One of the unique side effects of the coronavirus lockdowns is that pollution levels dropped dramatically. People could see mountains that hadn’t been visible for years. It created a new love of the outdoors and opportunities to travel.
When you can start flying to different destinations again, these are the places to visit before they disappear for good.
This destination is the lowest known place on Earth, sitting at 1,380 feet below sea level. Water levels are shrinking quickly with climate changes impacting the Jordan River.
Entire buildings got carved out of tall cliffs and rock faces to create an impressive city. As saltwater and erosion take place, the craftsmanship of our ancestors is slowly getting lost to time.
The intent of this landmark was to protect against enemy invasions. Significant efforts are underway to save and restore sections of it, but locals are also selling bricks from it to generate income.
Although this impressive natural wonder seems like it will stay forever, it was listed as endangered by the National Trust of Historic Preservation in 2015. Tourism and mining are the primary threats to this beautiful area.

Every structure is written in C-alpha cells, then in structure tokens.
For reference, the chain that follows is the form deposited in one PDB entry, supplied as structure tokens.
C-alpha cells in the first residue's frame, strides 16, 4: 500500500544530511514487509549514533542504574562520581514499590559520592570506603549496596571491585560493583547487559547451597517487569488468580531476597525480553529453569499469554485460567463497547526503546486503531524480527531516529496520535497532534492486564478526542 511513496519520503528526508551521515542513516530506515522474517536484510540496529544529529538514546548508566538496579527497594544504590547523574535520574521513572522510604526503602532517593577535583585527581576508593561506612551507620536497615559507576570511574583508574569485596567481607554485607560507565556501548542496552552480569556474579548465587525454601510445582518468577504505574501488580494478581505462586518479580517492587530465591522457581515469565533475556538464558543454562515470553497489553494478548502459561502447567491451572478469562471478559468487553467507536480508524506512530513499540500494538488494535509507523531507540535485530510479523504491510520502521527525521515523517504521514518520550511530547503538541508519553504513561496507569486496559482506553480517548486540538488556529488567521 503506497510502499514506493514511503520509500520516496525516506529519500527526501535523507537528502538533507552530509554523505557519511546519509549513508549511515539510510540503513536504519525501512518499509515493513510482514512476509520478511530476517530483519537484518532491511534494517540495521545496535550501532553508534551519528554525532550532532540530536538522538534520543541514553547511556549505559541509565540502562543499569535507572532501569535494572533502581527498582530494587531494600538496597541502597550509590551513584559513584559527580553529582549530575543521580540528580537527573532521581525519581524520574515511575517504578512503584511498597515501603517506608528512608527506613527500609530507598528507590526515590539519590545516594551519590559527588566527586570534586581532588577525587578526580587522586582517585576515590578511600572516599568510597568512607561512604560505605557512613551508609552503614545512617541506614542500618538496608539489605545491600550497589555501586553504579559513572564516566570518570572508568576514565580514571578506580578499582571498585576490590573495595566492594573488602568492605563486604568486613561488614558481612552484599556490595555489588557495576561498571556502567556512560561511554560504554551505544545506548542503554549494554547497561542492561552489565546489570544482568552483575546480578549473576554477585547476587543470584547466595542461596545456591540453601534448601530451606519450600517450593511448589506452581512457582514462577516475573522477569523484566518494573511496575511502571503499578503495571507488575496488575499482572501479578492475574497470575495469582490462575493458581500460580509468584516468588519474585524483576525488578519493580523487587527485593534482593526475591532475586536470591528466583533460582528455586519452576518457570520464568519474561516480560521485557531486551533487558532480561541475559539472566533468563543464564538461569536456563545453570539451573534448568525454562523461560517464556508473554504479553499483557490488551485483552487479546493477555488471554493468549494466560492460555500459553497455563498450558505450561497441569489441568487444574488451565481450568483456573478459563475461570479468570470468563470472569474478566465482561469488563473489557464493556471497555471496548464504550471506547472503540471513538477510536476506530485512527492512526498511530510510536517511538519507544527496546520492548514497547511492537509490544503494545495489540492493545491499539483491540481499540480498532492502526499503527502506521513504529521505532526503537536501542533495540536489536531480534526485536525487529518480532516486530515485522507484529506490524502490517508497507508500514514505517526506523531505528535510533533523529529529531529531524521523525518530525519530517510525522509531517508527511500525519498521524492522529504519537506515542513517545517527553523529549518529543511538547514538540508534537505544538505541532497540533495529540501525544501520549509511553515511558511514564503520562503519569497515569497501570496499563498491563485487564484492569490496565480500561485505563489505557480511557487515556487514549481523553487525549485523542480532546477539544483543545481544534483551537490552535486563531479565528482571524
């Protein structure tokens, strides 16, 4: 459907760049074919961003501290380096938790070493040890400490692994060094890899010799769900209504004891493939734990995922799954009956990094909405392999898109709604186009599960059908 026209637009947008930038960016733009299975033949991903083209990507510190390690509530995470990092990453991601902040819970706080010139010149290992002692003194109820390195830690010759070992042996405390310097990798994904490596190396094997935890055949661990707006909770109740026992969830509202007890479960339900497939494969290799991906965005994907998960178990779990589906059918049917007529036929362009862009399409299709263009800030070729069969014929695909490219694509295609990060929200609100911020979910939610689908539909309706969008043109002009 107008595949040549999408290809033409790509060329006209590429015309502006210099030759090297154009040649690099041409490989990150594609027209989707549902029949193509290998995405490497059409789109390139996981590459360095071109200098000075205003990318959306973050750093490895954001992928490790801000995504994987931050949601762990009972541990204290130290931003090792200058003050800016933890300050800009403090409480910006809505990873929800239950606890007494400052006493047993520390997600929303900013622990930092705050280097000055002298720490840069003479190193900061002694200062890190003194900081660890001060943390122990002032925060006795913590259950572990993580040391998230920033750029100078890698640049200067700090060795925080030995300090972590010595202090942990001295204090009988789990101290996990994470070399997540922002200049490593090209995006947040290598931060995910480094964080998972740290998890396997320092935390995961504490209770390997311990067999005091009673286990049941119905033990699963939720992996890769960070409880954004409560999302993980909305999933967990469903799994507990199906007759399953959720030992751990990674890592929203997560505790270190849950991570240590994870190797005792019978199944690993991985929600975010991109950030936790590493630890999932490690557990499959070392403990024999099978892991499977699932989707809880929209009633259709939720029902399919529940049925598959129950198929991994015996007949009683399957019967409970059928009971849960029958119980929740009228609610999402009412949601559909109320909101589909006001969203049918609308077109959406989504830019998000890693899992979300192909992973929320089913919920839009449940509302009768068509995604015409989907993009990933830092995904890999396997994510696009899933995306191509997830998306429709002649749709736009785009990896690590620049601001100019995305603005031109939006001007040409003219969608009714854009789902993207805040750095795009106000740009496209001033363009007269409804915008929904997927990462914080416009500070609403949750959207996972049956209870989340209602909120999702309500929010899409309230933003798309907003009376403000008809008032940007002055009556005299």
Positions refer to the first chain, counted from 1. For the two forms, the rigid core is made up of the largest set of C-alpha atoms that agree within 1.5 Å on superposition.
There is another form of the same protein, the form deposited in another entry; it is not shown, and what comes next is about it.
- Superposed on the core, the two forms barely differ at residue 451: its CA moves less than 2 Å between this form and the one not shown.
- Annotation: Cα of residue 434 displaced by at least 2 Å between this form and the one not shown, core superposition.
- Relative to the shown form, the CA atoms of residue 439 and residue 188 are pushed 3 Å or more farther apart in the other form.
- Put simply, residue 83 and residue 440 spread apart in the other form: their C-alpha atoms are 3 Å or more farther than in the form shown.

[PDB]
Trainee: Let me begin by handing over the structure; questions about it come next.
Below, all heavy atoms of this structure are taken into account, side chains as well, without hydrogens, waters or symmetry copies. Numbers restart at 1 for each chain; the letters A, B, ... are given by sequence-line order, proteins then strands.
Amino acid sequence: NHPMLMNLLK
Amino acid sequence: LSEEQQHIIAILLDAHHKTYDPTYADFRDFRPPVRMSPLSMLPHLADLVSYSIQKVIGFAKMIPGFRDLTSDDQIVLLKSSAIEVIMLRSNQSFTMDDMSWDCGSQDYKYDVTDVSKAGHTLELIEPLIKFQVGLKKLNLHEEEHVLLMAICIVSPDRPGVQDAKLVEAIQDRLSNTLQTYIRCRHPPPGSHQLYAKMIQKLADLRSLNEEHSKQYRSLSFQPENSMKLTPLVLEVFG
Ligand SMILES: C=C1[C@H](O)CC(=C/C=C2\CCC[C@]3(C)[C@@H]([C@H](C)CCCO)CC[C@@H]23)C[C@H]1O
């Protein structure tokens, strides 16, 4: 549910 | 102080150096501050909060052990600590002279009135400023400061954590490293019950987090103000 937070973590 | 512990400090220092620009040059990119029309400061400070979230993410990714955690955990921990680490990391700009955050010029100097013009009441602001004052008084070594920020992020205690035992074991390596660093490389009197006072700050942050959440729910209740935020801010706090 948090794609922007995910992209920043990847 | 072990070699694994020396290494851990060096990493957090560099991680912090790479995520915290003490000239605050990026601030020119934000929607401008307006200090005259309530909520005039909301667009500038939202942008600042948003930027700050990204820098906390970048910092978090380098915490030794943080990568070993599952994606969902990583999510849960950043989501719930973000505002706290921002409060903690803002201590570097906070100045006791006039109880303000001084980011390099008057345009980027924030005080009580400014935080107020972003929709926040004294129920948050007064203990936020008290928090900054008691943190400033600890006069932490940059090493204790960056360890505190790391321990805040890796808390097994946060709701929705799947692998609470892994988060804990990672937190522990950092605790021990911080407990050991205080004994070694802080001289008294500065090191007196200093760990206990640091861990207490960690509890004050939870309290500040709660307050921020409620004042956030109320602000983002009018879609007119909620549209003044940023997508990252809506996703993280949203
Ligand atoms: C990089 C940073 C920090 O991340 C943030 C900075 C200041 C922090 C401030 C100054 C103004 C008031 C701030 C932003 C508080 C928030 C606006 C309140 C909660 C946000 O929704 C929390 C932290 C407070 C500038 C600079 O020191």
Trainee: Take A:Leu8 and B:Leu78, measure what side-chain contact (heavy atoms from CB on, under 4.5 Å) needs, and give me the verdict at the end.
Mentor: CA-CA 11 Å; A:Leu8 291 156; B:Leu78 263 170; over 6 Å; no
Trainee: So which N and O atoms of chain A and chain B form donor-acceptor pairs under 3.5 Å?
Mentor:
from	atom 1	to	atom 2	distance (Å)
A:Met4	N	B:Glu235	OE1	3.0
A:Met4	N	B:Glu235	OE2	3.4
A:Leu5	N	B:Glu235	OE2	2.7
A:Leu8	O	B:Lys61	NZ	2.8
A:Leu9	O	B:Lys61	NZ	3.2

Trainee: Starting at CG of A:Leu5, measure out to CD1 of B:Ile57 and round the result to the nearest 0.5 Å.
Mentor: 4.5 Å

The beautiful white-sand beaches and glowing waters are slowly disappearing. The islands are only eight feet above sea level, and they’re slowly sinking into the ocean.
The city experiences over 100 floods per year. Over the next century, it may sink into the water completely. As sea levels rise, now is the time to visit when you get the chance.
It’s hard to find a better landscape in California than along this coastal section. You’ll see ocean monoliths, towering cliffs, and green pastures. Landslides, forest fires, and drought are all trying to get rid of it.
This city of the Incas is built on top of the Andes Mountains. If you love hiking, the journey here will take your breath away for multiple reasons! Erosion is a constant risk, even with steps taken to preserve the ruins.
What destination do you plan to visit first from this list?